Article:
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Federal Consistency Explained

Note to Readers: Please see the federal regulations governing federal consistency in Oregon. The federal regulations are controlling over any statements made on these pages.

Federal consistency is a review process that coastal states with federally approved coastal programs undertake, every time a federal activity is proposed in that state's Coastal Zone. The review process is usually triggered under three circumstances; when the federal activity is proposed by a federal agency, when a federal permit is needed for a proposed project, or when a project receives federal assistance (e.g. funding).

Review for federal consistency can also take place outside of the Coastal Zone if the proposed activity will have an effect on coastal resources and uses within the Coastal Zone boundary. For more information, visit Where Federal Consistency Applies.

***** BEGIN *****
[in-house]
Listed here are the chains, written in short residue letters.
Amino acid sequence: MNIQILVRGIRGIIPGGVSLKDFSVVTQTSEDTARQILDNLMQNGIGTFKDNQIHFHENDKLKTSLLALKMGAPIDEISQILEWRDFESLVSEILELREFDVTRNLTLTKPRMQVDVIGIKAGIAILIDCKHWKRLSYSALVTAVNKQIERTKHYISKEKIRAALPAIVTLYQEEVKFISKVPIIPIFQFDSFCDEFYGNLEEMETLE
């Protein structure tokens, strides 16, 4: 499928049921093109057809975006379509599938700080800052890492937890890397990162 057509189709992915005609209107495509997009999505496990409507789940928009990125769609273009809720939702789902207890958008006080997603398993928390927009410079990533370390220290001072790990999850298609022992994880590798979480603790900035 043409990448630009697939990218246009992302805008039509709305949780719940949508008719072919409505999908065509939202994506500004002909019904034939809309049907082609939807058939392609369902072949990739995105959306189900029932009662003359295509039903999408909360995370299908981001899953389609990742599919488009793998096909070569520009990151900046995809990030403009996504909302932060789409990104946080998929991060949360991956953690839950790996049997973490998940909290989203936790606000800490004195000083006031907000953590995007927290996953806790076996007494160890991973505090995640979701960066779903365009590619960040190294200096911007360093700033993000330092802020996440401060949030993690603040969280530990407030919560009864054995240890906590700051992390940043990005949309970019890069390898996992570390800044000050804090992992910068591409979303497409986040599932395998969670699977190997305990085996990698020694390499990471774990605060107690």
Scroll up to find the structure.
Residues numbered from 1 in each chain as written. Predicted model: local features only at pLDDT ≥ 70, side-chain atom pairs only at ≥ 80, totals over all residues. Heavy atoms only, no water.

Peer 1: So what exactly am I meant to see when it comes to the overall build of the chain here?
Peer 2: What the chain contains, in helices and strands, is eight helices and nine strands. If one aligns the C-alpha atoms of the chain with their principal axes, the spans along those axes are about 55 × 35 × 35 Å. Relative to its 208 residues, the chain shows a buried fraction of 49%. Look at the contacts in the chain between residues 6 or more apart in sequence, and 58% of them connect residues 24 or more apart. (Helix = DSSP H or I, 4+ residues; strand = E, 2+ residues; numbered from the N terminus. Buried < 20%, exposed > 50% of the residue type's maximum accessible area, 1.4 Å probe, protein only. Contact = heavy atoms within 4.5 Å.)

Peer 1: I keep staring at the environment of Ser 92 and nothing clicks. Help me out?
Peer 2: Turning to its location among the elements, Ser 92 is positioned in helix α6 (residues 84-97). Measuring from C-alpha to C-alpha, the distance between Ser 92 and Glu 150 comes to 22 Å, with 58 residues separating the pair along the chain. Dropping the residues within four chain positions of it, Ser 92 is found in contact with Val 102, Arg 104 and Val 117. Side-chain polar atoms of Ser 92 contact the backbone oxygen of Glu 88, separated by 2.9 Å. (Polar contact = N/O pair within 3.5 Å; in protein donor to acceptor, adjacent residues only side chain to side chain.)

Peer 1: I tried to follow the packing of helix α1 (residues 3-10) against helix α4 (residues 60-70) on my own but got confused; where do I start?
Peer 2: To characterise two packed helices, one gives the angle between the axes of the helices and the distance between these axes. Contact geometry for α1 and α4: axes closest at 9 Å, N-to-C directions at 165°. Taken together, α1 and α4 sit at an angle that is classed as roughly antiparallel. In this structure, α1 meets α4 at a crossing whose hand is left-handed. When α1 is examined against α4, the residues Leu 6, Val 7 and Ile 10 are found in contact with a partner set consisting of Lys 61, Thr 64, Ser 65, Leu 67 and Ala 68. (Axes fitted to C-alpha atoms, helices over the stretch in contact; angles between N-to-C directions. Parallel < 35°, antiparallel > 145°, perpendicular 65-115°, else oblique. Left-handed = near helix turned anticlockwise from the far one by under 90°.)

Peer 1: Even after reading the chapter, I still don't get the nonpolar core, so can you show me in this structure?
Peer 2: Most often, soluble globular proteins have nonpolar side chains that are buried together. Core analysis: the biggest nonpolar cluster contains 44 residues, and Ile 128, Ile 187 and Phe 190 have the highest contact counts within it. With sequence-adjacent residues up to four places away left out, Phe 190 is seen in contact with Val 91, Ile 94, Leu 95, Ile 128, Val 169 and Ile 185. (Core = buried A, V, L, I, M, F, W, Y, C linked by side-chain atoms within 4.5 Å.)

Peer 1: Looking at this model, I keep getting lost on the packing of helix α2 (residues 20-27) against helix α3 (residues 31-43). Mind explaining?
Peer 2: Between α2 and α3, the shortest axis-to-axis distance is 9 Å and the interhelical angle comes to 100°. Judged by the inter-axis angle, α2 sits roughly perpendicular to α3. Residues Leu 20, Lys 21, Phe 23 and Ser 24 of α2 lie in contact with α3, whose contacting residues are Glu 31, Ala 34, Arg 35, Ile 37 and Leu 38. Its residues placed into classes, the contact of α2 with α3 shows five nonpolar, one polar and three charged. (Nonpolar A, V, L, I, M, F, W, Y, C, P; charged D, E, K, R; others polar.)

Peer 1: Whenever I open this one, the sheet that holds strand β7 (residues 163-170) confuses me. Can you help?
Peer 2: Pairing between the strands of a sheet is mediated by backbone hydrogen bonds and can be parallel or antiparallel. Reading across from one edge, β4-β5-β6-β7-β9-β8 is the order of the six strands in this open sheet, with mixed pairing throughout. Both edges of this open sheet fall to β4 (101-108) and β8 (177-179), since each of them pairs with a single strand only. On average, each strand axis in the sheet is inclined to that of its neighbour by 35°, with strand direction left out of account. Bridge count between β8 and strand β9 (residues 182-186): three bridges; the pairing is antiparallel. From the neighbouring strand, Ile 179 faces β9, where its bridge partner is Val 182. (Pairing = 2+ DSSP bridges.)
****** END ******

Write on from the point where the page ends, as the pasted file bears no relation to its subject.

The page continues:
Federal consistency review also occurs for outer continental shelf activities in areas that have been leased for oil and gas exploration/development or production. The outer continental shelf is not inside of Oregon’s Coastal Zone, but by law, Oregon's Coastal Management Program has authority to review these activities.

Contact

Deanna Caracciolo
Coastal State-Federal Relations Coordinator
deanna.caracciolo@state.or.us
Phone: 503-934-0026

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